Inning

N

Starter allowed to hit

Average subsequent IP

5

616

82.6%

1.70

6

747

53.1%

1.34

7

922

24.4%

1.06

8

339

10.3%

.83

9

57

7.0%

0

10+

6

33.3%

.83


As you can see, the earlier in a game it is, the less likely the manager is to yank his starter, even when the leverage is high. What is a little surprising is that even when a starter bats in the fifth or sixth inning, he still doesn’t stay in the game for very long (on the average).

Finally, let’s take a quick look at which teams over the last six years allowed their pitchers to bat (with the LI > 1.5) the least and the most after throwing at least five frames (2010 is also listed):

Team

Starter allowed to hit (2010)

FLO

49.2% (35.0)

CIN

48.6% (51.4)

SFN

47.2% (50.0)

SLN

47.1% (38.7)

COL

46.5% (40.0)

CHN

45.9% (48.4)

NYN

44.8% (48.4)

ATL

43.7% (34.5)

LAN

43.3% (48.6)

PHI

43.0% (42.1)

MIL

42.2% (54.5)

HOU

41.5% (40.9)

PIT

40.9% (39.4)

ARI

39.5% (57.1)

SDN

38.0% (42.9)

WAS

36.5% (33.3)


I don’t know that there is a whole lot that we can infer from the above numbers. Most teams have had several managers over the last six years. If we look only at the 2010 numbers, the samples are small, around 28 opportunities per team on the average. In addition, good starting staffs would tend to hit for themselves and deep bullpens might portend shorter outings by the starters. Park factors and a team’s offensive talent would likely come into play as well. In general, there doesn’t appear to be much variation among managers. There is less than a 10 percent absolute difference between the top and bottom teams.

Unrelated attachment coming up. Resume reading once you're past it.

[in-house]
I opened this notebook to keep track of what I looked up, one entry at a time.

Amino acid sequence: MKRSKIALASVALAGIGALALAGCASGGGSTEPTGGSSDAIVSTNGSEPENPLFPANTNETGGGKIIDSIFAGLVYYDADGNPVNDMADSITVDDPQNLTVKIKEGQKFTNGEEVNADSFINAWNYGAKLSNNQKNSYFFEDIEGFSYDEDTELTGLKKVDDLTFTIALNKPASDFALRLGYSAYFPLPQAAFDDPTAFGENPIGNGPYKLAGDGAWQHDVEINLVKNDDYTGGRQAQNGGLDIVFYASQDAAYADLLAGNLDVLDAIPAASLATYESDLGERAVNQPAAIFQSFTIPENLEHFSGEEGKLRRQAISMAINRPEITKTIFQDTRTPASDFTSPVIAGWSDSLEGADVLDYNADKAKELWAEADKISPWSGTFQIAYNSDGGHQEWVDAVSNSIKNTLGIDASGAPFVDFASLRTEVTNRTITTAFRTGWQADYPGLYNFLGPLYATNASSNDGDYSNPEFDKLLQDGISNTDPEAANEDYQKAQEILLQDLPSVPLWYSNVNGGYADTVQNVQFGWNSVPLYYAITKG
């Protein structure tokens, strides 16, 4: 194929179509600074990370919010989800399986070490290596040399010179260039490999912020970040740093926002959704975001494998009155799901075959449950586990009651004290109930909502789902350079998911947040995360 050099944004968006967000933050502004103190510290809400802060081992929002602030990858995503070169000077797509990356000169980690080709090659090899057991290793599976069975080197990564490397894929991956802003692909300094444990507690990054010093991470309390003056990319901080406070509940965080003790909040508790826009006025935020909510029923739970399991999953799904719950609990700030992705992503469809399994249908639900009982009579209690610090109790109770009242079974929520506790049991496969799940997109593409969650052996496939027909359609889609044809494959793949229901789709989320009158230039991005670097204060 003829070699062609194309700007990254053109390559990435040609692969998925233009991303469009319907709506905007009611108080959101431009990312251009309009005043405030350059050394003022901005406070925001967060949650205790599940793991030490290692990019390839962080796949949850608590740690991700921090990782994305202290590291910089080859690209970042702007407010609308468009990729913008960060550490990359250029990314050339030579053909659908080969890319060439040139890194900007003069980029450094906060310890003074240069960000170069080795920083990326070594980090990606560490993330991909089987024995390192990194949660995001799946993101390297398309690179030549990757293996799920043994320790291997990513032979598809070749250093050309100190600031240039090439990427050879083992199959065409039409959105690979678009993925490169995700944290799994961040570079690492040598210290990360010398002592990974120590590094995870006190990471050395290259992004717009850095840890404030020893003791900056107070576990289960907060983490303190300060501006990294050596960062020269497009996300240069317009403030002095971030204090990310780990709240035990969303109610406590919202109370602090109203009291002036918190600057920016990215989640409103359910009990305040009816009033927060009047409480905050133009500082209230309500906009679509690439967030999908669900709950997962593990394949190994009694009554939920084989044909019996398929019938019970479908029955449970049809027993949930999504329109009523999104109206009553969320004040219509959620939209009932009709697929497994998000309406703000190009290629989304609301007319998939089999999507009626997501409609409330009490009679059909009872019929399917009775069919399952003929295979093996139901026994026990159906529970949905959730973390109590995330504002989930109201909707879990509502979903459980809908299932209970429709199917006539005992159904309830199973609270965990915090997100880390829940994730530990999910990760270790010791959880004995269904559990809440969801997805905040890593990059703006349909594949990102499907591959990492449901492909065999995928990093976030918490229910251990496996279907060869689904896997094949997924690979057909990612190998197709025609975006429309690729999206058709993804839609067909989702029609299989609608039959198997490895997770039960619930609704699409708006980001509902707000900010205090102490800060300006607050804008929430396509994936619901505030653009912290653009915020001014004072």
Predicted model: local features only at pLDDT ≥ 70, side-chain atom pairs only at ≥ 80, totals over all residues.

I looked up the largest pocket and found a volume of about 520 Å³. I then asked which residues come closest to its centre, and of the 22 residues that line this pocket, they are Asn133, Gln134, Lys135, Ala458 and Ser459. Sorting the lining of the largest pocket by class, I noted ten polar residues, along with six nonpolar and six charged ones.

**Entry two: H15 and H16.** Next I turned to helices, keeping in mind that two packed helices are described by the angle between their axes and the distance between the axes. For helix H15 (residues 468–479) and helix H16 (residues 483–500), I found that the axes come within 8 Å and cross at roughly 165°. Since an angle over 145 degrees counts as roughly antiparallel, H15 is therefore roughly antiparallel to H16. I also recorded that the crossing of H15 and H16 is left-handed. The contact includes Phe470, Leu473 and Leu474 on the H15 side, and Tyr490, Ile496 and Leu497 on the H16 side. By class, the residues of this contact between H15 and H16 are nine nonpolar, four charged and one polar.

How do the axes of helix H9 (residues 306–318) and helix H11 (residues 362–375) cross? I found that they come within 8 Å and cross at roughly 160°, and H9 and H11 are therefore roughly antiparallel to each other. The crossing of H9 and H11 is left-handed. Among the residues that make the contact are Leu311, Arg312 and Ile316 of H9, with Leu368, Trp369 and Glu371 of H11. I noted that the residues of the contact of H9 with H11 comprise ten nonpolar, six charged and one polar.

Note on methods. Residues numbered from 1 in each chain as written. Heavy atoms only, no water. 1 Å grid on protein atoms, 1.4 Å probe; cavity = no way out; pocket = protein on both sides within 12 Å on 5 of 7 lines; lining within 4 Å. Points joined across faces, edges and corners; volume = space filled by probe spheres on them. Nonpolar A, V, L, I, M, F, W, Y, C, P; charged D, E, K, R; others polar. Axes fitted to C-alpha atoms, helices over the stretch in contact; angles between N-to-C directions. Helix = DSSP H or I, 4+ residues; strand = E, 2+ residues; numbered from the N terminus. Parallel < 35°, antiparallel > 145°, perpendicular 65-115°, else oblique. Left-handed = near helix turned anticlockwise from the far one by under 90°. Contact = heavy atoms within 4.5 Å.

Let’s try and list what criteria and information managers presumably use in order to facilitate these decisions.

  • The starter’s pitch count, number of batters faced, and any other information related to whether or not he has anything left in the tank or it might be a good time to remove him anyway (for example, he typically has low pitch counts, is coming off an injury or is injured, or is pitching on short rest).
  • How important the PA is—essentially, the game’s leverage index (LI). In a close game, especially with the batting team behind in the late innings, the leverage is usually high. If there are runners on base and/or there are two outs, the leverage may be higher.
  • Who is available to pinch-hit and whether the manager wants to “burn” a pinch hitter at this stage in the game.
  • Who is available to relieve the starter and what effect that might have on the bullpen in general.
  • Is it a sacrifice bunt or possible squeeze situation?
  • How good is the starting pitcher (e.g., is he an ace?) and how has he been pitching thus far?
  • Psychological and developmental considerations, such as the effect on a pitcher’s confidence, ego, or learning process if he is taken out of a game early, especially if he is pitching well.